By Bhaso Ndzendze
The Nature of Organic Intellectuals
In ‘The Formation of the Intellectuals’ of his Prison Notebooks (the 2032-paged volume written during his tenure in prison under the Fascist regime of Benito Mussolini in Italy from 1926), Marxist thinker Antonio Gramsci starts by asserting that “every social group, coming into existence on the original terrain of an essential function in the world of economic production, creates together with itself, organically, one or more strata1 of intellectuals” whose role is to “give it homogeneity and an awareness of its own function not only in the economic but also in the social and political fields.” Thus, every class has a sub-populace of organic intellectuals. For example, among the entrepreneur class, there is a class of industrial technicians whose additional function is organising masses of men, and organising “‘confidence’ of investors” in his business.
Gramsci’s History of Organic Intellectuals
Gramsci elaborates the historical significance of organic intellectuals and the historic role of their collapse:
“Even feudal lords were possessors of a particular technical capacity, military capacity, and it is precisely from the moment at which the aristocracy loses its monopoly of technico-military capacity that the crisis of feudalism begins.”Gramsci, Prison Notebooks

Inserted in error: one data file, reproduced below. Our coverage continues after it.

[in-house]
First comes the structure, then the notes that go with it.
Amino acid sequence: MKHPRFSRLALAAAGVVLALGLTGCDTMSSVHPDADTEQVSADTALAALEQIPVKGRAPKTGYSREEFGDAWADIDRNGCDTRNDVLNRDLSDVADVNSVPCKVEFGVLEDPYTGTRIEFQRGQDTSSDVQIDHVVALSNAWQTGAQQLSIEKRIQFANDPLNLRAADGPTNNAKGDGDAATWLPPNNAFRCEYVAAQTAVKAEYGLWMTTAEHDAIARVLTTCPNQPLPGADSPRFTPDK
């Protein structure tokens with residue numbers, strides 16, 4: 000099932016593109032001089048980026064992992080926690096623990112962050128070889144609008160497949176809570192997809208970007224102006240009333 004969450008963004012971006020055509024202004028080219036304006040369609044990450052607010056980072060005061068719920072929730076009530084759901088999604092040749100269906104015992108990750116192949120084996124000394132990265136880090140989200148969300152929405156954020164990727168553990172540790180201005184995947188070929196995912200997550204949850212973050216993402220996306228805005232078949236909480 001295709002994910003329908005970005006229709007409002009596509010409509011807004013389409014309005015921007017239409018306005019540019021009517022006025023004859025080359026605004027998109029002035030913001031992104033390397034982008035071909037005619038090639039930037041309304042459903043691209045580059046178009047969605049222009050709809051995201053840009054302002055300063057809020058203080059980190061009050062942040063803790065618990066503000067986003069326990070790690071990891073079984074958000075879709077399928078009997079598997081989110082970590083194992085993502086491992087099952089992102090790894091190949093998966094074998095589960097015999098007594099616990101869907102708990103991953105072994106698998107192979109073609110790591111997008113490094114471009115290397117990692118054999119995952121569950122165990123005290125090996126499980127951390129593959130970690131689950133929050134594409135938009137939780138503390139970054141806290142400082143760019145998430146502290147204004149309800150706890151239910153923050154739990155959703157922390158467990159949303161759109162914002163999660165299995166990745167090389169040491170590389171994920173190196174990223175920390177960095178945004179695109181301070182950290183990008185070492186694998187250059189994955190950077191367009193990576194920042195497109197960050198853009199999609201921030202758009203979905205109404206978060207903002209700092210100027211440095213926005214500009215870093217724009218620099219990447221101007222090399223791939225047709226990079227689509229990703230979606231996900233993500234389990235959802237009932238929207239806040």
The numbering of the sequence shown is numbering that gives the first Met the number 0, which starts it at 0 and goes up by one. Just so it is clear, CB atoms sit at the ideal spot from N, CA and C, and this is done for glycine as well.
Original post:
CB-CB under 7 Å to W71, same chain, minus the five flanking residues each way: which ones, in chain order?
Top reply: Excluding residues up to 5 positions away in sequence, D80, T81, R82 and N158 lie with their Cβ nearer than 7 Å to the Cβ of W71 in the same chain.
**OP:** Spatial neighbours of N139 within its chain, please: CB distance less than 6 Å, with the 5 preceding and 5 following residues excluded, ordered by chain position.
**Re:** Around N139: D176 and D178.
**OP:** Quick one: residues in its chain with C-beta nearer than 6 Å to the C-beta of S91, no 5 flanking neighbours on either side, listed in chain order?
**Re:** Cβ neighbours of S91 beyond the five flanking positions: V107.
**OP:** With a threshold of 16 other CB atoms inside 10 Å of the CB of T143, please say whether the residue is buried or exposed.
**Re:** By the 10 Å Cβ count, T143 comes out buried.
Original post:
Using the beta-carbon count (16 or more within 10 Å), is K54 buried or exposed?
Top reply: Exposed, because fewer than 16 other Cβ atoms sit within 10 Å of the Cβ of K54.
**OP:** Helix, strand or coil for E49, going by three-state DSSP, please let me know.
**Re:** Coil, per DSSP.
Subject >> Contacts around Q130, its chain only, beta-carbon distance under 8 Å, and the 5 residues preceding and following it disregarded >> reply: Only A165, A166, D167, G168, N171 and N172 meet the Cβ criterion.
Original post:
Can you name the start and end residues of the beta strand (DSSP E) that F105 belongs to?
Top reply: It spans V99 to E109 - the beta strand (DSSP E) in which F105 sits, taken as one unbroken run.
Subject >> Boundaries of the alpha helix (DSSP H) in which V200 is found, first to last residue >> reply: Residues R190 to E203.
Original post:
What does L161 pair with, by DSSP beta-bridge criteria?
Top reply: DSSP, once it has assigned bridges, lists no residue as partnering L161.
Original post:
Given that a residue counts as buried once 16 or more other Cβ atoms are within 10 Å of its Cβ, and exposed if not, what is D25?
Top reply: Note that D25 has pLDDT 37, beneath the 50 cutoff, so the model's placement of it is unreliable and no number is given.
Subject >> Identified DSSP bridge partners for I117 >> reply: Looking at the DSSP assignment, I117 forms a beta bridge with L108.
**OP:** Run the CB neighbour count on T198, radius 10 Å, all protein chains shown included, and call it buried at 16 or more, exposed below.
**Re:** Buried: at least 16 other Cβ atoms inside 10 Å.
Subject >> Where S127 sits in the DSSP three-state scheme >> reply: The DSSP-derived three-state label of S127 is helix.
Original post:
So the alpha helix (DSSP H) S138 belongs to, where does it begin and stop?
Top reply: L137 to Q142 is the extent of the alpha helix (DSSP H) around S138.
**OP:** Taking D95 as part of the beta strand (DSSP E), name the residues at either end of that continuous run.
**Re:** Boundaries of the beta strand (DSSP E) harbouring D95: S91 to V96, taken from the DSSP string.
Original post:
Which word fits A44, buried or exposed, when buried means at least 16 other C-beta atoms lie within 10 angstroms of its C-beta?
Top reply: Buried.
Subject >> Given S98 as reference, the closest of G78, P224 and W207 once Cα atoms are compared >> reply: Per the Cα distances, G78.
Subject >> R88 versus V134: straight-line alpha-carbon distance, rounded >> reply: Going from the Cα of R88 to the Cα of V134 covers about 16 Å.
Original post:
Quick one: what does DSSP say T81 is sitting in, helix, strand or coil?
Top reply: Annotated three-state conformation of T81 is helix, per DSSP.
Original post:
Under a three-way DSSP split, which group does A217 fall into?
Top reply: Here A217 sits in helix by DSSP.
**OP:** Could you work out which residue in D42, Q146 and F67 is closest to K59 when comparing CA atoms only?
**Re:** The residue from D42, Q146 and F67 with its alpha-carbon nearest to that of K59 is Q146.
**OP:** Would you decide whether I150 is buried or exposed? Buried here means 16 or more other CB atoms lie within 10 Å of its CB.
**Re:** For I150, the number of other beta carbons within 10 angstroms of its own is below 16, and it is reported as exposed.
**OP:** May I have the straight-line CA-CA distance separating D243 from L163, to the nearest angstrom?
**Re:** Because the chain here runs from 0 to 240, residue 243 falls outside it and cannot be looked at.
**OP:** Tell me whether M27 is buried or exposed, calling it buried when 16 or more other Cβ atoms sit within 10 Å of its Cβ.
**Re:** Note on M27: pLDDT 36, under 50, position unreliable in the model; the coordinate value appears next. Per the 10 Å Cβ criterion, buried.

However, Gramsci argues that the history of the existence of intellectuals in pre-feudal times is not clear. This leads him to determine that the mass of peasantry does not have its own “organic intellectuals,” and does not assimilate to the stratum of “traditional intellectuals.” These are the thinking class of the intelligentsia in the professional sense, of whom Gramsci nonetheless observes, “it is from the peasantry that other social groups draw many of their intellectuals and a high proportion of traditional intellectuals are of peasant origins.” “Especially in Southern Italy, as he elaborates in his next essay ‘The Different Position of Urban and Rural-type Intellectuals.’
Gramsci also considers as organic intellectuals the ecclesiastics, as they have held “a monopoly of a number of important services: religious ideology, that is philosophy and science of the age, together with schools, education, morality, justice, charity, good works, etc.” Notably, the ecclesiastics as a category are bound to the landed aristocracy, though the former’s jurisdiction extended to the realm of the supernatural which was only checked by the monarchy.
There are No Non-Intellectuals
Gramsci asserts that there are no non-intellectuals. “In any physical work, even the most degraded and mechanical, there exists a minimum of creative intellectual activity,” he says. How does this coincide with the Marxist concept of alienation? Indeed, a reading of Gramsci could lead to the determination that he dismisses the notion of alienation. This is heightened by his subsequent statements, according to which all men are intellectuals. “So that there are varying degrees of specific intellectual activity” such that everyone is on the intellectual spectrum as it were. “When one distinguishes between intellectuals and non-intellectuals, one is referring in reality only to the immediate social function of the professional category of the intellectuals, that is, one has in mind the direction in which their specific professional activity is weighted, whether towards intellectual elaboration or towards muscular-nervous effort.”